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Saturday, September 19, 2020



This gram-negative coccobacillary rod can occur in either a typeable, encapsulated form or a nontypeable, unencapsulated form, and either can cause pneumonia. The nontypeable organisms are also a common cause of bronchitis and a frequent colonizer in patients with chronic obstructive pulmonary disease (COPD). The encapsulated organism can be one of seven types, but type B accounts for 95% of all invasive infections. Opsonizing IgG antibody (directed at the capsular polysaccharide PRP and at membrane antigens) is required to phagocytose the encapsulated organisms, and because encapsulated organisms require a more elaborate host response than unencapsulated organ- isms, they are generally more virulent. However several studies have shown that in adults, particularly those with COPD, infection with unencapsulated bacteria is more common than infection with encapsulated organ- isms, and that opsonizing antibody is needed to control unencapsulated bacteria as well. Patients who develop pneumonia with these bacteria usually have some impairment in host defense, which may include both humoral immunity and local phagocytic dysfunction, but this organism may occur in patients whose only risk is cigarette smoking.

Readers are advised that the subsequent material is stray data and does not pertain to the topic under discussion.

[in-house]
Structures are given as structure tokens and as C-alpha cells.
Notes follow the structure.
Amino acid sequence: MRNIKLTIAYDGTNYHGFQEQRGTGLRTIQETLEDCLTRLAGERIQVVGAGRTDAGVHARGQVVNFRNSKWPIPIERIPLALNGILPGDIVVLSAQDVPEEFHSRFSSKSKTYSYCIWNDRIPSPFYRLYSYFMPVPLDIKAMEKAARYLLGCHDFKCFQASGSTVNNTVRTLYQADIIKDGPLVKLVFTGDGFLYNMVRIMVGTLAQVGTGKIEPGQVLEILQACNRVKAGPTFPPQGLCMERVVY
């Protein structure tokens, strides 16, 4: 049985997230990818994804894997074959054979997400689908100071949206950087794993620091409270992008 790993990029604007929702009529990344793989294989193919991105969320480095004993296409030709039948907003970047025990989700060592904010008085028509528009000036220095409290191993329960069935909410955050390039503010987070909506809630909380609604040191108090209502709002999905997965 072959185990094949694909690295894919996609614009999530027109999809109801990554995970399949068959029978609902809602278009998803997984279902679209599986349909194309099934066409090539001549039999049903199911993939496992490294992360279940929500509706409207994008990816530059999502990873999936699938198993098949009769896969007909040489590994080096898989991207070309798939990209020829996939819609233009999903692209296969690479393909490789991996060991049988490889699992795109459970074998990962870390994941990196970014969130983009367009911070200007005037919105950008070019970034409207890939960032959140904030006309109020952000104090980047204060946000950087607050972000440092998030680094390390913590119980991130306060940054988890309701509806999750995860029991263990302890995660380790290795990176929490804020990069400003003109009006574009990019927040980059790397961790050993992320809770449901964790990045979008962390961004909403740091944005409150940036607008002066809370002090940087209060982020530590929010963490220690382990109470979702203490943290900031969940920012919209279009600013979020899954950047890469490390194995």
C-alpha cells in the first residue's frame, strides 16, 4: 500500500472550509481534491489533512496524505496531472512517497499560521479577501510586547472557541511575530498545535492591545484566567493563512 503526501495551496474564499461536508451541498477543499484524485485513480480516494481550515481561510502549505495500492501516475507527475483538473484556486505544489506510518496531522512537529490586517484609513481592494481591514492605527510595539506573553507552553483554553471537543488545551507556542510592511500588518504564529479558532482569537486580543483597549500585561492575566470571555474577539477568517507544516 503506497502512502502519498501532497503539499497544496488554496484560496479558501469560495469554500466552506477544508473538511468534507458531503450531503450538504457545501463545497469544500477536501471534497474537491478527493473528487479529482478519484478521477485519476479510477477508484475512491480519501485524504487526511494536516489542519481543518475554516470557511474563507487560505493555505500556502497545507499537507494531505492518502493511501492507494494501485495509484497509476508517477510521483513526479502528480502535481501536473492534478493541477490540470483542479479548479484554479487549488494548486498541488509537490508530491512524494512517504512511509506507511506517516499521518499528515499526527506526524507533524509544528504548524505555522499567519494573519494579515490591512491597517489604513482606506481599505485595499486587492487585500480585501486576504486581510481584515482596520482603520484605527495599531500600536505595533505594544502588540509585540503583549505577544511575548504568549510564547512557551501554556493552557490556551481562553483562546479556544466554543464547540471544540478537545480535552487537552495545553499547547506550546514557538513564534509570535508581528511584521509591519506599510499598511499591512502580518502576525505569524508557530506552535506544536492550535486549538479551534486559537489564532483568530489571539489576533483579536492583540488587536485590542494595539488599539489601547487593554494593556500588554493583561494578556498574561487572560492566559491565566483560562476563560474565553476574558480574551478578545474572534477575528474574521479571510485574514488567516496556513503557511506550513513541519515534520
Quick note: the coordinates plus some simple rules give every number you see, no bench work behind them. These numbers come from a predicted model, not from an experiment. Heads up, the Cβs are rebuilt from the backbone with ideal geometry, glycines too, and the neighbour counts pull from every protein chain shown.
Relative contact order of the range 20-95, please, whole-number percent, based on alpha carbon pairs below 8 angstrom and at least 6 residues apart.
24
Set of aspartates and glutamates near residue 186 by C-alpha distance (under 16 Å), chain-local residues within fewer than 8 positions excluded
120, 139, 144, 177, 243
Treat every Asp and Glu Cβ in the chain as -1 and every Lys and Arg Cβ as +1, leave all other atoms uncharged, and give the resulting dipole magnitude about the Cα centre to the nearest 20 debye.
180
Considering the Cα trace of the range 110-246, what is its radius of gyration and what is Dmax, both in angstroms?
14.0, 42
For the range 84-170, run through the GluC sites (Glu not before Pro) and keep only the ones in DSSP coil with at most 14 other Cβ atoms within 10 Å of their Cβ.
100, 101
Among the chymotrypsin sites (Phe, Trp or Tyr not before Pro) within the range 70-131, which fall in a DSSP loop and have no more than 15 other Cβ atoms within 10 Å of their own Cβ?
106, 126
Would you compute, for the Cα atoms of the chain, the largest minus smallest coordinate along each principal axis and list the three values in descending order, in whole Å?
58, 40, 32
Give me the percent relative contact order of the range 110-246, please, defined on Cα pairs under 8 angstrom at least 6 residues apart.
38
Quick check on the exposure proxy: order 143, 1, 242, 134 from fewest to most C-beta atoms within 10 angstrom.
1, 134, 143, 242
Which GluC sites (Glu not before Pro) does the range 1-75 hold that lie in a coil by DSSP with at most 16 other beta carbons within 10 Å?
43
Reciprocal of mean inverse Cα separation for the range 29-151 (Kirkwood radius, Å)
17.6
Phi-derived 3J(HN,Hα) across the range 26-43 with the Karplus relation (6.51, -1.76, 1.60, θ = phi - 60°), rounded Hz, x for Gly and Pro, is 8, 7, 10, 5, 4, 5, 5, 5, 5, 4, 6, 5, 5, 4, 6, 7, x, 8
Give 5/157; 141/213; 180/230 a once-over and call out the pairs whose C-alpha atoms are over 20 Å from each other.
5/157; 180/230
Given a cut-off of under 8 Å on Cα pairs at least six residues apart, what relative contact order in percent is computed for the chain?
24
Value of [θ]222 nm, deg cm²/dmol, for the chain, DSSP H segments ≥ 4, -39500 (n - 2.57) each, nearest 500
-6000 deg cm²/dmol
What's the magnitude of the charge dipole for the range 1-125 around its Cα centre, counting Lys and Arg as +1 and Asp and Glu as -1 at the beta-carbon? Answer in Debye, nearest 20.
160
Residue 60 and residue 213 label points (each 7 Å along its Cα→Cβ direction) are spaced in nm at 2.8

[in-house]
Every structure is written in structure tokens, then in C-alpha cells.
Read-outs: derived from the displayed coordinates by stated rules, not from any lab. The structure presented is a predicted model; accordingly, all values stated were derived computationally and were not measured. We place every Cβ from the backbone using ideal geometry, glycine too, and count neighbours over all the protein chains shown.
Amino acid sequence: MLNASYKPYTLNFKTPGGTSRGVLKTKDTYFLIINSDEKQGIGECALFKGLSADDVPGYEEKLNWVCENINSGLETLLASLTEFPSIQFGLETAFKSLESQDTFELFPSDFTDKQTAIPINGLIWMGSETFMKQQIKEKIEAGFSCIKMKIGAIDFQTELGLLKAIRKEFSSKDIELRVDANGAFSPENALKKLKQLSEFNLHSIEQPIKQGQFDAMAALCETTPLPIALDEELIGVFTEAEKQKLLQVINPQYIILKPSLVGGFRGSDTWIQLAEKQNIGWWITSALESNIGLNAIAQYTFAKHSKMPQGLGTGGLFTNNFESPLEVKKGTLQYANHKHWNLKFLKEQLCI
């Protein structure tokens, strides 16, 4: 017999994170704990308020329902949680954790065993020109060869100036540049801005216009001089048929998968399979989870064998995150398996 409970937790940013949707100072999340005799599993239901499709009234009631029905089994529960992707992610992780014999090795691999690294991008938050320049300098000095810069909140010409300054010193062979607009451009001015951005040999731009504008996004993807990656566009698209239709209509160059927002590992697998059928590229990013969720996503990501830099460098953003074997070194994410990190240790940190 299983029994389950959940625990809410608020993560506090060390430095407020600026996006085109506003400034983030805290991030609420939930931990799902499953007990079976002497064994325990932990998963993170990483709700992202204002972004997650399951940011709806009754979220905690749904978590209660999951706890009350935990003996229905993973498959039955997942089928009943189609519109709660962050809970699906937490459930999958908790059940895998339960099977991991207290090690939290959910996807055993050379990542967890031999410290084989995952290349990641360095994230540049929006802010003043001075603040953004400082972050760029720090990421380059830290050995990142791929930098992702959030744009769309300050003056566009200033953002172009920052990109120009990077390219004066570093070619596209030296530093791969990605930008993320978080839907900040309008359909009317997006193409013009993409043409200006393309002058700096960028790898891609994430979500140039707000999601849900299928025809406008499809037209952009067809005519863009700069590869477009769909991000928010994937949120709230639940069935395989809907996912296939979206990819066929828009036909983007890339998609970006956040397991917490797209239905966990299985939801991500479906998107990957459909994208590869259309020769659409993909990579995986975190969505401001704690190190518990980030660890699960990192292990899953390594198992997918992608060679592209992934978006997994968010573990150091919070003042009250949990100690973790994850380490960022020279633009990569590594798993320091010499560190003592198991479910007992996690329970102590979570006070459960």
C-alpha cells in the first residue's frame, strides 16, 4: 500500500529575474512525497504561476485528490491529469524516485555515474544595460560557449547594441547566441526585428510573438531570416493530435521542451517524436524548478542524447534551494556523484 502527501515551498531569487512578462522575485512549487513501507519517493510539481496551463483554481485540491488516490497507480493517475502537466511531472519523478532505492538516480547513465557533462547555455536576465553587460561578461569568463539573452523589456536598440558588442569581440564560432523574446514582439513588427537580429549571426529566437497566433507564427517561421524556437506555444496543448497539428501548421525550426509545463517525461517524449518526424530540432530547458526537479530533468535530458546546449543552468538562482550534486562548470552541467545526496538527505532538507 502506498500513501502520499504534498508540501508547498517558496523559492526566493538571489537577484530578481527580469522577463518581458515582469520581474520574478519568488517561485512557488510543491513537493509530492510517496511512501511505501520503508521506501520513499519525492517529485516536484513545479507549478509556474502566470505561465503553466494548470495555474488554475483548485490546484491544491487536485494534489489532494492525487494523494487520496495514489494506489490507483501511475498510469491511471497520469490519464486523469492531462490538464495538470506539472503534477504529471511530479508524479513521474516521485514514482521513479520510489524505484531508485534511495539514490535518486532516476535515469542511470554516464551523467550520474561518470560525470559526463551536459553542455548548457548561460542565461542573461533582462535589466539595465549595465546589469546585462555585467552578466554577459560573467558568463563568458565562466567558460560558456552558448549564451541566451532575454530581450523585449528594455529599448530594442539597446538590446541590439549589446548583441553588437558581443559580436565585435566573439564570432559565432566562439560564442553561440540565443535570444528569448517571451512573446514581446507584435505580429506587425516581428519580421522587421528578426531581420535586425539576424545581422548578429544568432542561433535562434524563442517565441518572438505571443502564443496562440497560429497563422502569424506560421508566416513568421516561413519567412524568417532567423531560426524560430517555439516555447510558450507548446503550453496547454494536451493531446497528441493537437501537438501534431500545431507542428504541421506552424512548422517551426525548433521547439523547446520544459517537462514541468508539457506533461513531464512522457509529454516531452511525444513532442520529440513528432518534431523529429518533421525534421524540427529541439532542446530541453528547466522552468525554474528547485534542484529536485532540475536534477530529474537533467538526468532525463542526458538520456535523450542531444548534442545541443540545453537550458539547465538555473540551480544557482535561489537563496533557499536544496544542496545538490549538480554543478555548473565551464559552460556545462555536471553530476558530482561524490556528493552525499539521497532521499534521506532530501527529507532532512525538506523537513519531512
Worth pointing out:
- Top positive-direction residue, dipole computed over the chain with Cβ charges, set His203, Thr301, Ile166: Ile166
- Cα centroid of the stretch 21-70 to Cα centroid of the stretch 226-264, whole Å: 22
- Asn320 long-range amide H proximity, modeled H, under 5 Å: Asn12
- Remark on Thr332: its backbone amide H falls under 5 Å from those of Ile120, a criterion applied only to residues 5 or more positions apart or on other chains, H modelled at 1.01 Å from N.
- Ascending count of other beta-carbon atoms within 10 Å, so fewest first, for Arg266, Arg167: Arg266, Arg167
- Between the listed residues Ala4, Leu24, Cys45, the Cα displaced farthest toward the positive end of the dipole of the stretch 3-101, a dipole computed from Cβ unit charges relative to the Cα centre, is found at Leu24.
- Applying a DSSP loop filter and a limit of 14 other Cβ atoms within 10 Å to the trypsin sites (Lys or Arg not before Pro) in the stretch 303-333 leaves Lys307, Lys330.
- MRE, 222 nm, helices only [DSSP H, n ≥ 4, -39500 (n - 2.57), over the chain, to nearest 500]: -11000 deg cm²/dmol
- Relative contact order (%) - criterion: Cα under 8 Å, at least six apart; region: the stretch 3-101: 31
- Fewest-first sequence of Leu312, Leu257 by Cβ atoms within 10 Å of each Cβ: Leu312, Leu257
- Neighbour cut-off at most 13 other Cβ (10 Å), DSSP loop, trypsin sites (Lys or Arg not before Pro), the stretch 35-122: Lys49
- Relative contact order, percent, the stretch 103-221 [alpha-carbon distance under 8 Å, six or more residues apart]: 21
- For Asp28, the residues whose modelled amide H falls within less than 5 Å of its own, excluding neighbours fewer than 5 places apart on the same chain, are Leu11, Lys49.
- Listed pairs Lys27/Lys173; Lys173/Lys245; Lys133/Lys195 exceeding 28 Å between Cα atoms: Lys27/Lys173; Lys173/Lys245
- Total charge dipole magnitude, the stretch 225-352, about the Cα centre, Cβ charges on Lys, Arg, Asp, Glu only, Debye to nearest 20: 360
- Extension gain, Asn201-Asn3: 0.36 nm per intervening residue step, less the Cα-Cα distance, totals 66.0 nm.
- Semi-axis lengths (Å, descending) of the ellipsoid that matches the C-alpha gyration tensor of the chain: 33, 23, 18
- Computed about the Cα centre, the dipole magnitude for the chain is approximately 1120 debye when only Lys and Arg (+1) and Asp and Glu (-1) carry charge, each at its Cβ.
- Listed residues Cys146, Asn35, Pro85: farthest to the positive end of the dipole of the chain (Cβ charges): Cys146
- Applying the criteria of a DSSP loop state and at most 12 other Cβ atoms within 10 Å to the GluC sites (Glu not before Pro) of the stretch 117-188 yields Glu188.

When pneumonia is present, some patients may develop bacteremia, particularly those with segmental pneumonias rather than those with bronchopneumonia. It has been estimated that 15% of cases are segmental but that up to 70% of these patients have bacteremia, although only 25% of bronchopneumonia cases are bacteremic. The encapsulated type B organism is more common in patients with segmental pneumonia than in those with bronchopneumonia. In patients with COPD, bronchopneumonia is more common than segmental pneumonia.


Patients with segmental pneumonia present with a sudden onset of fever and pleuritic chest pain along with a sore throat. Those with bronchopneumonia have a slightly lower fever, tachypnea, and constitutional symptoms. Multilobar, patchy bronchopneumonia is the most common radiographic pattern, and pleuralv reaction is also common, being seen in more than 50% of patients with segmental pneumonia and in approximately 20% with bronchopneumonia. Complications may include empyema, lung abscess, meningitis, arthritis, pericarditis, epiglottitis, and otitis media (particularly in children).

Therapy had traditionally been with ampicillin, but now up to 40% of nontypeable Haemophilus influenzae isolates and up to 50% of type B organisms are resistant because of bacterial production of β-lactamase enzymes. Currently, effective antibiotics are the third-generation cephalosporins, β-lactam/β-lactamase inhibitor combinations, newer macrolides (azithromycin is more active than clarithromycin), and fluoroquinolones. A conjugate vaccine against type B organisms is available but is not used in adults at risk for pneumonia but rather in children beginning at 2 months to age to prevent invasive infection such as meningitis.

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